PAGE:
• Hey Angela

      It’s not a silly question at all. My short answer is I’m going to keep writing about this stuff. If I do change focus some it won’t be because I get married but because I have loved writing and have other things I might weigh in on. Still thinking through what that looks like.

      But I’m not done ringing this bell. I started this blog because of exactly what you said – there is a huge need. It’s not because I was mad or hurt (that would have been my blog 10 years ago 🙂 ) but because it’s a huge issue in the Church.

      That said, I actually plan on finding some new ways to get the message out and engage the conversation. So stay tuned – if we are going to impact this conversation we will need more than just this blog. 🙂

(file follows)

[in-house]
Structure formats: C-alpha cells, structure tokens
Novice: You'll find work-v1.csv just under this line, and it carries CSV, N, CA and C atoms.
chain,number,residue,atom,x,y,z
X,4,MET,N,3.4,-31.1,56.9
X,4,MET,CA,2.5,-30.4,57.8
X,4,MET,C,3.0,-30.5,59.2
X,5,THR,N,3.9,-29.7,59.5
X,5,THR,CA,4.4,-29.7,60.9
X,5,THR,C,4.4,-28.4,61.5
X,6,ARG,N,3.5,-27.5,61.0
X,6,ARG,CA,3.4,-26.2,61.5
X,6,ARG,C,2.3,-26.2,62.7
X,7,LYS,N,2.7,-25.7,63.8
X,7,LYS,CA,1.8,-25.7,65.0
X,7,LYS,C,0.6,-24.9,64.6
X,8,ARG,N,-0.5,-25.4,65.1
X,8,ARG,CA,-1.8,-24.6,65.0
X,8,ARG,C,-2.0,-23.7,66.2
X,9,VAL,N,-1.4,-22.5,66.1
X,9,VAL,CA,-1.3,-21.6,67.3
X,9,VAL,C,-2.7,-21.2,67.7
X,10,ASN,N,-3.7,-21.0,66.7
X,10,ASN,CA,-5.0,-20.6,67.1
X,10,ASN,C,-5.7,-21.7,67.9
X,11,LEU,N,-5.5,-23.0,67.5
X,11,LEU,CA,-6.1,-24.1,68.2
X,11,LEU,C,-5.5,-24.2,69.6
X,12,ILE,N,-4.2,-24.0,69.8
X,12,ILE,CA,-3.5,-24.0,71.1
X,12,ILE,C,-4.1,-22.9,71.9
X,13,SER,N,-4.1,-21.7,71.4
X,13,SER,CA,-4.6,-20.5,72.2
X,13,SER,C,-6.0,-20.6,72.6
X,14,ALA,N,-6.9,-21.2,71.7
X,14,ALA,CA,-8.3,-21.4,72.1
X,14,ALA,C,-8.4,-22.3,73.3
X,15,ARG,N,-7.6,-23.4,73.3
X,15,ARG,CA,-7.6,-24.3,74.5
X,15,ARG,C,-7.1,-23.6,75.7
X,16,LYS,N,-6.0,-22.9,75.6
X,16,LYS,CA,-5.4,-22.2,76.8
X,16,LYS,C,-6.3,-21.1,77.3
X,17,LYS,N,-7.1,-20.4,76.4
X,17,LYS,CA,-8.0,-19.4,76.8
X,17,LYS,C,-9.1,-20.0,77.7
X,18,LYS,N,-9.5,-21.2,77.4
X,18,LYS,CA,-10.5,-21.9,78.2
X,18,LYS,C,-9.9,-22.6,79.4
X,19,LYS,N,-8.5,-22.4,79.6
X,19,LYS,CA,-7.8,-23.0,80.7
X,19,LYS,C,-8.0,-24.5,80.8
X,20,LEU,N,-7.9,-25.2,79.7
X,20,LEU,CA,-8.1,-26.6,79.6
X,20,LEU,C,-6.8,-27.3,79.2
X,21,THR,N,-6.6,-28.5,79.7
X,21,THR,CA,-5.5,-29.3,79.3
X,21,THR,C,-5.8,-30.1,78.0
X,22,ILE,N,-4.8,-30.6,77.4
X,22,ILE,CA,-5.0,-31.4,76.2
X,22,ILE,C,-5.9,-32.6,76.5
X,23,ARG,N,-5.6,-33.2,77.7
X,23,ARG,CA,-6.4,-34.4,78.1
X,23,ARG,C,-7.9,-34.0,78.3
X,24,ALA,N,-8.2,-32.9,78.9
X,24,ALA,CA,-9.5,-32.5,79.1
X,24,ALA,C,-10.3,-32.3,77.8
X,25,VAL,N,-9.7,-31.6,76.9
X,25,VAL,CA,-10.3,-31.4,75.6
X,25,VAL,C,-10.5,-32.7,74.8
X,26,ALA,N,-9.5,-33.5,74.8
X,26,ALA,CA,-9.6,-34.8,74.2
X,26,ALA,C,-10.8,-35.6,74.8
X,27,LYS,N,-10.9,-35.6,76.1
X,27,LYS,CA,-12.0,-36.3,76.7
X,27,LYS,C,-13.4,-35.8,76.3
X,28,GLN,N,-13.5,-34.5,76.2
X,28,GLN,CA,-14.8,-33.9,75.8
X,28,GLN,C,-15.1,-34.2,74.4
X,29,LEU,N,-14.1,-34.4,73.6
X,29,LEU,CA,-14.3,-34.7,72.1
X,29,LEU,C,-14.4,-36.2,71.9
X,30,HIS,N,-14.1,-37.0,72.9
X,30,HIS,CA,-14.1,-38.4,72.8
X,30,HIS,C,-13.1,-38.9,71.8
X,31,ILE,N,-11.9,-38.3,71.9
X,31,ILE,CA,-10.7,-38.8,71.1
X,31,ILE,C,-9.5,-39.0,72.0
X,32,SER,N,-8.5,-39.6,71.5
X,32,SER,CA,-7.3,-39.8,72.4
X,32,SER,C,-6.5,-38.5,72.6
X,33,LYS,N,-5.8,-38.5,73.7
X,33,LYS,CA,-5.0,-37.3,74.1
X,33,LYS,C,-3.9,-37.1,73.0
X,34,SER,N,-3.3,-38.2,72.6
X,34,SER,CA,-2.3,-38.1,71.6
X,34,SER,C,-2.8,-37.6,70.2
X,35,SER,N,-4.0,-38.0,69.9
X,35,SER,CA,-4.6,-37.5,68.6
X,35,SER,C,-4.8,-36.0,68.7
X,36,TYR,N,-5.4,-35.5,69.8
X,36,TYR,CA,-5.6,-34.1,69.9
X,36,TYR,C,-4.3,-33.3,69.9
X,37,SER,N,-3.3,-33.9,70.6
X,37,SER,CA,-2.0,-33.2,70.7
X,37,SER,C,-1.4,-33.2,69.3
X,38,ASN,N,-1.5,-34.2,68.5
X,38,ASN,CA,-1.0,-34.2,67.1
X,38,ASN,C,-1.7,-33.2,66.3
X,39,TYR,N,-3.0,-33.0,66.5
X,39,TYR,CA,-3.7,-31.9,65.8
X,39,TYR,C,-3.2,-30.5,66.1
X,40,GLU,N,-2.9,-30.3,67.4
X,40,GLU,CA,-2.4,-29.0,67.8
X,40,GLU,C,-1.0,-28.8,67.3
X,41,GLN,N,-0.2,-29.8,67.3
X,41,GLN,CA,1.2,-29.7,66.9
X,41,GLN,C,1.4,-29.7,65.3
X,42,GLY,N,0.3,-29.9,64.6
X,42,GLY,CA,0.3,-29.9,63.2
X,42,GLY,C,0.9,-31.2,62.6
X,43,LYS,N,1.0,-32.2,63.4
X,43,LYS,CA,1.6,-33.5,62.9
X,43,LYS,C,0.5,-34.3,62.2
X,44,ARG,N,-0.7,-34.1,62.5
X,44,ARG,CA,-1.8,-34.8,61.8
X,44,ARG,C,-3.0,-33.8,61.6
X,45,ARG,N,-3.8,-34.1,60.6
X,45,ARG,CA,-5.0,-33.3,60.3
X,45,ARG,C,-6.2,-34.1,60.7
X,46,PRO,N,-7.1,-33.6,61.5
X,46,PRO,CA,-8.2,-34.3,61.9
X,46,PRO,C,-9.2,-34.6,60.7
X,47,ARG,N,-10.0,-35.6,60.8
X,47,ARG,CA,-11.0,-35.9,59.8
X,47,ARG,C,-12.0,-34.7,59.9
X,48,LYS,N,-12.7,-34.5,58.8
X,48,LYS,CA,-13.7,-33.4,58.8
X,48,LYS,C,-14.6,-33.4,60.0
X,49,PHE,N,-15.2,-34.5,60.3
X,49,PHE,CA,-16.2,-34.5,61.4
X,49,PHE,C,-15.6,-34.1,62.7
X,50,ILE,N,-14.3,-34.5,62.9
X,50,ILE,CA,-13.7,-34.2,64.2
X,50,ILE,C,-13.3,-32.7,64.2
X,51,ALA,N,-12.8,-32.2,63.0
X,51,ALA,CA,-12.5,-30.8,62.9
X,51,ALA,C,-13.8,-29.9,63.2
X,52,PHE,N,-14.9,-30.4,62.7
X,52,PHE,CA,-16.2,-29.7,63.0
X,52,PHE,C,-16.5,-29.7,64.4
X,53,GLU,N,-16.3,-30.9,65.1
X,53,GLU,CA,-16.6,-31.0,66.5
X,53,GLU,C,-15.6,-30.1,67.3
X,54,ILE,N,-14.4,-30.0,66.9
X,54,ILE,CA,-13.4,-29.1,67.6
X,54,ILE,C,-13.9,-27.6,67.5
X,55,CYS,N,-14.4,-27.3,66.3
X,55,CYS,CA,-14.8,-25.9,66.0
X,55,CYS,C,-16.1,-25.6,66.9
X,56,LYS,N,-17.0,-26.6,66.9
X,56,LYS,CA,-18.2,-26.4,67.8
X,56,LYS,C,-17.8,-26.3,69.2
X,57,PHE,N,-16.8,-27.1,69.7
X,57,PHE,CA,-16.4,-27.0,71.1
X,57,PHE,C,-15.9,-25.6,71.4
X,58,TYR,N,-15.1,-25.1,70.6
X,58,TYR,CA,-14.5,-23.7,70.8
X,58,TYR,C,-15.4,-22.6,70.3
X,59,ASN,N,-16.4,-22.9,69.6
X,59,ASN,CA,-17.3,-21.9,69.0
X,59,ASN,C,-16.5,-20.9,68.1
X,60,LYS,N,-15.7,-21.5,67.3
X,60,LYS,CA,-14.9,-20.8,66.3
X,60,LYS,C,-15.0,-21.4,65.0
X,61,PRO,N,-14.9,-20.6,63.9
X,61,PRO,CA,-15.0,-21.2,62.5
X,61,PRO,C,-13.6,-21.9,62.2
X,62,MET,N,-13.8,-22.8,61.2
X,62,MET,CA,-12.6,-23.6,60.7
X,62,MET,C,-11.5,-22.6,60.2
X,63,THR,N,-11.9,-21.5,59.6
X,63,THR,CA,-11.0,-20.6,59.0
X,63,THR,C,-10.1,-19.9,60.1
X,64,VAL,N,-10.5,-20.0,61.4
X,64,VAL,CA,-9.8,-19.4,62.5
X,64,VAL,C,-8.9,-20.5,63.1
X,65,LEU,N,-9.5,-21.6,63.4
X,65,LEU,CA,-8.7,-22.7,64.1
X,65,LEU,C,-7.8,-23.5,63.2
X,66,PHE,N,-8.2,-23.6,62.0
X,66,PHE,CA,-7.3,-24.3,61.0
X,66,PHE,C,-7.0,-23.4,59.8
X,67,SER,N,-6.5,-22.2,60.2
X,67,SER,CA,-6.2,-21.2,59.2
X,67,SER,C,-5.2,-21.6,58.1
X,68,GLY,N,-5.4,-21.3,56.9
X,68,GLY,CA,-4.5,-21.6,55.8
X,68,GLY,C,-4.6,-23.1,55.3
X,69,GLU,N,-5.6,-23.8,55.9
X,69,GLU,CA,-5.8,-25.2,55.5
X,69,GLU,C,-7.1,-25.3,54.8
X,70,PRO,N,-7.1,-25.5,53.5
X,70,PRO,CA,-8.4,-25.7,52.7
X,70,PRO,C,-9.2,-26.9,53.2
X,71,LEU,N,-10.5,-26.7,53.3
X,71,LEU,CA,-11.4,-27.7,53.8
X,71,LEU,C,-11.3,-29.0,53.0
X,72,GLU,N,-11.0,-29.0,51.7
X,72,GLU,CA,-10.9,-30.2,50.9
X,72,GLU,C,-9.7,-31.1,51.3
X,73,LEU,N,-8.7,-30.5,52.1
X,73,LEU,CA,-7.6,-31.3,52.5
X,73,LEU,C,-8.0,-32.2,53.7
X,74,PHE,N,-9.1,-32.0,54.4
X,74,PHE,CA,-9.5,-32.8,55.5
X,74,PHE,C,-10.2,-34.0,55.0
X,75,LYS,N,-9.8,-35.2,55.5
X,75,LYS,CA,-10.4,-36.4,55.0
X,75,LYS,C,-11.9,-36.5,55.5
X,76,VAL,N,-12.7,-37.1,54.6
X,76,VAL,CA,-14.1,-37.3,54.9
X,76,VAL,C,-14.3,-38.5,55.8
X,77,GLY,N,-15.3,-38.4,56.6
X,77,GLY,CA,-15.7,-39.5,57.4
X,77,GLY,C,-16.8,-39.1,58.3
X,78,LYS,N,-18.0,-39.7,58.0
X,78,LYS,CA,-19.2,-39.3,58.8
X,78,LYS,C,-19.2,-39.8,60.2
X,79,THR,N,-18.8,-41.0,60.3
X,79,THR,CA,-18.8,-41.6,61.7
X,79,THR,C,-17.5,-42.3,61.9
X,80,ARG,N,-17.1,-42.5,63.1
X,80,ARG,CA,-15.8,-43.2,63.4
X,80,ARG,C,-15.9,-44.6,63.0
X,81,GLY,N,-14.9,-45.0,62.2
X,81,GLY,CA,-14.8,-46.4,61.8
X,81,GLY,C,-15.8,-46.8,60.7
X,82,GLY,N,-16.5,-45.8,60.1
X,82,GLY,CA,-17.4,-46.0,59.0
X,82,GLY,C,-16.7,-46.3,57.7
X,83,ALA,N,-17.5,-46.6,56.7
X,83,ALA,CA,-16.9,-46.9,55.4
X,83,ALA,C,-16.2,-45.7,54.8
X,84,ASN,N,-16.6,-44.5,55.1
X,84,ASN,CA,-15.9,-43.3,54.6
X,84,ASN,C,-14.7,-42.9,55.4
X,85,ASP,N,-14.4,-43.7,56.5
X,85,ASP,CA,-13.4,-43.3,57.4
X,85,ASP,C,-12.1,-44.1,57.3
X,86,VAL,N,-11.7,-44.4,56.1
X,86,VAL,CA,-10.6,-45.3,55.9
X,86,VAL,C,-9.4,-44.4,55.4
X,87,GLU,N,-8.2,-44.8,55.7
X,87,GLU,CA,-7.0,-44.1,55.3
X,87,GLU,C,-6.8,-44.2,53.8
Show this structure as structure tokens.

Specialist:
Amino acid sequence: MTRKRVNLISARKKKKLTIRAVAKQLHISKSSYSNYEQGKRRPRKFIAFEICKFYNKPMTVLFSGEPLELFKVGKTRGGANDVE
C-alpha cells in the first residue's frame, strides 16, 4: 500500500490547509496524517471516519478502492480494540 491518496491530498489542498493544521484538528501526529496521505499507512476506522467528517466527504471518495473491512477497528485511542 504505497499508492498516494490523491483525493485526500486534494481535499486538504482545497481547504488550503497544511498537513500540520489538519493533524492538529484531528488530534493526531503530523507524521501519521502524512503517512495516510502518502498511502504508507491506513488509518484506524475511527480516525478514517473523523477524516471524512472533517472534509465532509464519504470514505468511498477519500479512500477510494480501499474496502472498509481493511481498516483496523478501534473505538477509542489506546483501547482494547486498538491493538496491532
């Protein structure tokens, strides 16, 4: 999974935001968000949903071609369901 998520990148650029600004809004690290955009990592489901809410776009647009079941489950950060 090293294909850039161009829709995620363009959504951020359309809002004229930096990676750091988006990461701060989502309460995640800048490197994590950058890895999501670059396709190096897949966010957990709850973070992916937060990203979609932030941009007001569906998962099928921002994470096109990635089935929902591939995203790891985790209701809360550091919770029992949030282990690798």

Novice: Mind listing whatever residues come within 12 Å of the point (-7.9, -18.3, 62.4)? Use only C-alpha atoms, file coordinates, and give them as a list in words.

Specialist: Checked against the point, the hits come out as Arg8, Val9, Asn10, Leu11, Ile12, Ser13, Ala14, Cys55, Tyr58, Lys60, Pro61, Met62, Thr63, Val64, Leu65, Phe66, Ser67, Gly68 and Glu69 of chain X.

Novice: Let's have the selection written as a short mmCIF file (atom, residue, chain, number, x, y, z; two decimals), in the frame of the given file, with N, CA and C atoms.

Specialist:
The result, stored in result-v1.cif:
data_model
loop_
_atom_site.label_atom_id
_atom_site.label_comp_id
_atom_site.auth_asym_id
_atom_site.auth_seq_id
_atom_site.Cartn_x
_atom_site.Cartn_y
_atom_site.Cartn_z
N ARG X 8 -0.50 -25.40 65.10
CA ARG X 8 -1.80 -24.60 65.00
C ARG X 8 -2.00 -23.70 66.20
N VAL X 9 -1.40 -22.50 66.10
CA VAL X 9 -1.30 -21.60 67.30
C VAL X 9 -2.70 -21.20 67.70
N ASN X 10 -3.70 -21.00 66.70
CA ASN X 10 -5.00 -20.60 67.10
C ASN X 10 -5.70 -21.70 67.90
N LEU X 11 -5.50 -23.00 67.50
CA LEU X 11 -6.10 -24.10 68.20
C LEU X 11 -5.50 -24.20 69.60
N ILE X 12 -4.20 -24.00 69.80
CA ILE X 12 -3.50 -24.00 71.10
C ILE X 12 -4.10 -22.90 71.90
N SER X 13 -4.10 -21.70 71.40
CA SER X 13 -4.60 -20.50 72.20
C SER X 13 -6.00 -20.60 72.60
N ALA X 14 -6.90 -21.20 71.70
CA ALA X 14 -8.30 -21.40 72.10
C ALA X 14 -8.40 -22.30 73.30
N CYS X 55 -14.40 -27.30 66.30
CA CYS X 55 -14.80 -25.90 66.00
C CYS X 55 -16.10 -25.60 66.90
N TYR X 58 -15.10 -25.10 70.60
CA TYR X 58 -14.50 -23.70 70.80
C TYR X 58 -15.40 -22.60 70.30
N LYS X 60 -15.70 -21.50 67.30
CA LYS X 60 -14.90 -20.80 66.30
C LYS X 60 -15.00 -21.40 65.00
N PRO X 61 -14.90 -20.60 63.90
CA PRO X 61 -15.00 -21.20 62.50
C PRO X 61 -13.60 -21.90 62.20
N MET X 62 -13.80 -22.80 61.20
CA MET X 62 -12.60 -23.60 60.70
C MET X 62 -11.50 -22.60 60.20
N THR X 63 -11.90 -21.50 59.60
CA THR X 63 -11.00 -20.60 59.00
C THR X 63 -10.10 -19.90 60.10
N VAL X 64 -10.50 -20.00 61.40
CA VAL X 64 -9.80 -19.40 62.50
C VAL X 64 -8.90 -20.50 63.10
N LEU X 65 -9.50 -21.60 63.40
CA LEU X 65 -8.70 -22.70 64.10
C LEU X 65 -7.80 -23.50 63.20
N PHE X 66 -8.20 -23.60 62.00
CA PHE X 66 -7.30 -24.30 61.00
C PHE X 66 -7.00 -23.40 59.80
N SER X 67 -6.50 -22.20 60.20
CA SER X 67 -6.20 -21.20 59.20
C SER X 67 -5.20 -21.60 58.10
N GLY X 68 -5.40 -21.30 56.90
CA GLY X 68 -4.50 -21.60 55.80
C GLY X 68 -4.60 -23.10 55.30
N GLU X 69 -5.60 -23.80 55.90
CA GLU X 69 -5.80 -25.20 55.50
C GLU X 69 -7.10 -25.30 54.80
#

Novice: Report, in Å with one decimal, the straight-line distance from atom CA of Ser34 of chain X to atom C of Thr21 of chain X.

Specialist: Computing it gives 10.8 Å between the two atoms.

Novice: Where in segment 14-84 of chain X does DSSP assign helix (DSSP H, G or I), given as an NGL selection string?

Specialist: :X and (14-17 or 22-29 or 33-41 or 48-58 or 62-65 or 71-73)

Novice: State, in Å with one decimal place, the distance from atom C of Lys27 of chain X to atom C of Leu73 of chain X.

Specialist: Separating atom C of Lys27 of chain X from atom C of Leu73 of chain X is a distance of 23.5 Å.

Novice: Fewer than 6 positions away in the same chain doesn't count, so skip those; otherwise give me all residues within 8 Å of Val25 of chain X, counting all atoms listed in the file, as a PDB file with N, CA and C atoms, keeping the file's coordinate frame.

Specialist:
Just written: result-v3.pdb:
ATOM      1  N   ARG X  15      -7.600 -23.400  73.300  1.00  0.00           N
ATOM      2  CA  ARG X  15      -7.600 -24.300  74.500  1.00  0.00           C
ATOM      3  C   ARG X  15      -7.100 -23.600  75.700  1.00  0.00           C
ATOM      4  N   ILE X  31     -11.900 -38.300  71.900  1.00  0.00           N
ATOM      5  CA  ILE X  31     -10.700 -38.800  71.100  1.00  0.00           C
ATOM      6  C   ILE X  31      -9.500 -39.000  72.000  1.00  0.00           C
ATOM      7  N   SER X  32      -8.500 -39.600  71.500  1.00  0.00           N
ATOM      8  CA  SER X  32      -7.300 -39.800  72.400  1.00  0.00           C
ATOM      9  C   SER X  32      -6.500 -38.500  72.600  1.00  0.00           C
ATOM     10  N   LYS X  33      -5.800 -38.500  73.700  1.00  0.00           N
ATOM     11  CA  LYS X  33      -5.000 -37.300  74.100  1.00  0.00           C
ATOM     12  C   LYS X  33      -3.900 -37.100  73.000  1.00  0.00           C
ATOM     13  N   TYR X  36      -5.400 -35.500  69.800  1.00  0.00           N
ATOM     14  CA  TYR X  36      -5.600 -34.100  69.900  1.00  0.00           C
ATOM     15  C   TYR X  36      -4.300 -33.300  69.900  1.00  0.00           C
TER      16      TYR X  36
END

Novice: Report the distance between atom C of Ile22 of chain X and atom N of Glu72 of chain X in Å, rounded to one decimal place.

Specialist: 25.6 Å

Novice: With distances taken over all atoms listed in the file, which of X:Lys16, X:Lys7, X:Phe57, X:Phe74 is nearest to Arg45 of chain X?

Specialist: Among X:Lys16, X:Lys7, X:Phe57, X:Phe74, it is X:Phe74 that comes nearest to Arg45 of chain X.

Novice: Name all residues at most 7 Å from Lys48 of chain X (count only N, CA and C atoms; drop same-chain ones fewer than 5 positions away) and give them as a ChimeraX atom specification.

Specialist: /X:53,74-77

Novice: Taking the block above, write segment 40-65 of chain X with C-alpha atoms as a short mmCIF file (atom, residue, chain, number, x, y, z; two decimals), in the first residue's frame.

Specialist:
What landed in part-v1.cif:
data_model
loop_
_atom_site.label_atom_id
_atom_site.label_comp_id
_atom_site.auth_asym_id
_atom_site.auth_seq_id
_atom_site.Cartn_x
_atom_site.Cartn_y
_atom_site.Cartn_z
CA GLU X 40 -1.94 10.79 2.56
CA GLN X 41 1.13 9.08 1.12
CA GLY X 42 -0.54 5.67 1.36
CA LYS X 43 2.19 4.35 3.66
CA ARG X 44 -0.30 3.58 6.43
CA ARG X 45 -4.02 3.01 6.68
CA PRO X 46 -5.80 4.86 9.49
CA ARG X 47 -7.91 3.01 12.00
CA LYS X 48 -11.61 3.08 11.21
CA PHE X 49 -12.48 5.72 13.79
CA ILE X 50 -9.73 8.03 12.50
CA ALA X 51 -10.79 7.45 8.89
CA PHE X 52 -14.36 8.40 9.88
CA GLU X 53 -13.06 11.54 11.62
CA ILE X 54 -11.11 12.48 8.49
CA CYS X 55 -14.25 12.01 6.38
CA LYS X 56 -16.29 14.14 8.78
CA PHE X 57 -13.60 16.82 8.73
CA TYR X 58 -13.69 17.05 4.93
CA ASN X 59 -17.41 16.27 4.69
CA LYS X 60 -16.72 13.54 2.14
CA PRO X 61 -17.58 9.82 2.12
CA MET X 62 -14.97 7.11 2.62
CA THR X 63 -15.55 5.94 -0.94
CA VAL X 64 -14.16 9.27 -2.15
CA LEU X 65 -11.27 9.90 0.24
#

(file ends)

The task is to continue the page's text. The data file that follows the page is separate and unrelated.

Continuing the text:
• *Phew* I am glad to hear that! I would absolutely love to see you host Singles Retreats or Seminars or something like that… Perhaps even traveling to other church leaders to examine the issue and give them tools for addressing it within their churches… I’m very excited to see what lies ahead for you with this – please keep us posted!! 🙂